The storm may not have entirely passed, but the venture capital industry unbattened the hatches during the three months that ended in September. At least that’s the sense I get from a 69-page report on U.S. venture investing, which we get from New York-based ChubbyBrain, an information services firm developing tools for investors, startups, and aspiring entrepreneurs.
In its “Pulse of the Innovation Economy” report, ChubbyBrain says just over $6 billion in venture capital funding was invested in 680 deals nationwide. That’s down almost 16 percent from the $7.2 billion that VC firms invested in privately held companies during the third quarter of 2008, but a 14 percent increase in deployed capital compared with the previous quarter of this year. It’s a sign that technology-based startups are gaining increased momentum from the winter of ‘09, especially considering the increased valuations in public markets that even includes some IPOs, such as the recent public offering of Watertown, MA-based A123Systems. The report notes that the momentum for venture investments picked up during the quarter, with September accounting for 40 percent of the deals nationwide.
California—and especially Northern California—remains in a class by itself for venture activity, according to the report. Just over half (51 percent) of the total number of deals went down in the Golden State (along with 56 percent of the total capital invested, or $3.4 billion). California was followed by Massachusetts, Texas, New York, and Georgia. The state of Washington ranked No. 7 on the ChubbyBrain list of top 10 states for venture activity.
Two Xconomy cities also placed among the top 10 nationwide in terms of overall VC funding and deal activity. San Diego, which had 28 deals totaling $280 million, ranked third overall, behind San Francisco and New York. Cambridge, MA, was seventh, with 15 deals involving $193 million. Eight of the top 10 cities with the most third-quarter venture deals were in California.
Cambridge, MA, saw more investments in venture-backed healthcare technologies than any other city, with nine deals totaling $169 million. San Diego ranked second, with $151 million invested in 15 deals. Seattle ranked seventh, with $62 million invested in five deals.
Elsewhere on Xconomy’s turf, the highlights include:
—Massachusetts: Venture investments in Massachusetts companies totaled $596 million, a 26 percent increase over the prior quarter that outpaced the national average. About one-third (34 percent) of the VC deals in Massachusetts were in the Internet sector, and 29 percent were in healthcare. On the other hand, healthcare got 52 percent of the capital. In Massachusetts: Cambridge had 15 deals totaling $193 million; Burlington saw 6 deals for $75 million; Waltham, MA, had 7 deals for $57 million; and Boston firms saw 9 deals totaling $38 million.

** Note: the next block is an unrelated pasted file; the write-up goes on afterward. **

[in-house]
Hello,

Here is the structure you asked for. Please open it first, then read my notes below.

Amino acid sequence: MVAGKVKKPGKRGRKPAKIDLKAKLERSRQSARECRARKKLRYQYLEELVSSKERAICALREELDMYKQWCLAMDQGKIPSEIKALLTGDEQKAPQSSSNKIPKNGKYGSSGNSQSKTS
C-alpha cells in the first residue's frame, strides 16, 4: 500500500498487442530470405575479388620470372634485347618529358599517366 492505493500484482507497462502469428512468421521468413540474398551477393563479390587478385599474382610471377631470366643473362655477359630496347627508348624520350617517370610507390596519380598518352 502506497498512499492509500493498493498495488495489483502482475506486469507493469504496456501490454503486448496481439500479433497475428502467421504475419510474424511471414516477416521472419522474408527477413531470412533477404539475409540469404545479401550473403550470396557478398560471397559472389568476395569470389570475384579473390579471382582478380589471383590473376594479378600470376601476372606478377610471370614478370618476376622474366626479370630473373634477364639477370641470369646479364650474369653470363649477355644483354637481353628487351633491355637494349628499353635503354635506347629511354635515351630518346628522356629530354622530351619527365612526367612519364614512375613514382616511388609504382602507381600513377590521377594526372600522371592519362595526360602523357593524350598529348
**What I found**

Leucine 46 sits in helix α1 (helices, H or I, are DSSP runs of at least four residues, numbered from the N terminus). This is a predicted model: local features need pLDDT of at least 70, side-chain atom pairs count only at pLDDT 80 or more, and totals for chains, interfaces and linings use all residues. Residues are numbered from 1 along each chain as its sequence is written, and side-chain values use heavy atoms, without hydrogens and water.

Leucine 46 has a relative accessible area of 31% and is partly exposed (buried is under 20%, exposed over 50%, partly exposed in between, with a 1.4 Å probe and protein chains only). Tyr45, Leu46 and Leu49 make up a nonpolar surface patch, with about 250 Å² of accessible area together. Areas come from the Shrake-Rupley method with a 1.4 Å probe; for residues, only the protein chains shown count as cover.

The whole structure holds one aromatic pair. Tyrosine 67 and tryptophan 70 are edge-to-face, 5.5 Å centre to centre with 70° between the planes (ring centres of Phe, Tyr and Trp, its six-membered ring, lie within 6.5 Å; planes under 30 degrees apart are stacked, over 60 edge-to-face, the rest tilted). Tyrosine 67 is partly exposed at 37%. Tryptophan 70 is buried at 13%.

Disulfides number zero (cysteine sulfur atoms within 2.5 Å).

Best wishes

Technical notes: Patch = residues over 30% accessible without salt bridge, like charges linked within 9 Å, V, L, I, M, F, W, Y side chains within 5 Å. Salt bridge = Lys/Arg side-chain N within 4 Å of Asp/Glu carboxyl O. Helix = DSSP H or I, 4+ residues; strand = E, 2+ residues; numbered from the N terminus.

—Washington state: Washington experienced a sharp drop in quarter-over-quarter VC funding, to $144 million during the third quarter from nearly $275 million in the second quarter. And one deal—a $50 million investment in Calypso Medical—accounts for more than a third of Washington’s third-quarter total. Other big deals included $14 million for Apptio and $13 million for VoiceBox Technologies.
The nation’s three biggest sectors for venture investments (in order) were healthcare, the Internet, and telecom and mobile communications. Some other highlights:
—Healthcare: this sector showed the most third-quarter venture activity and garnered 32 percent of all VC investments nationwide. But in absolute terms, the $1.9 billion invested in healthcare was flat compared to the previous quarter this year. Most of the funds went to medical devices (39 percent) and drug development companies (28 percent), and VC investments in the sector were evenly distributed from early stage through late-stage companies.
—Internet: Early-stage investments in Internet startups accounted for 40 percent of the 194 deals nationwide in the quarter, and 21 percent of the $1.05 billion invested.
—Mobile & Telecom: Early-stage startups accounted for 28 percent of the 52 deals during the quarter. Investments in mobile software and services accounted for just over half of the deals but only 14 percent of the $802 million in VC dollars. Conversely, VC funding for towers and infrastructure represented just 2 percent of deals but 45 percent of the money invested.
—Green: California got 77 percent of just under $1 billion invested in “green” startups, which ChubbyBrain defines as covering everything from wind, solar, and other renewable energy technologies to industrial pollution and environmental controls to smart grid technology.
By posting a comment, you agree to our terms and conditions.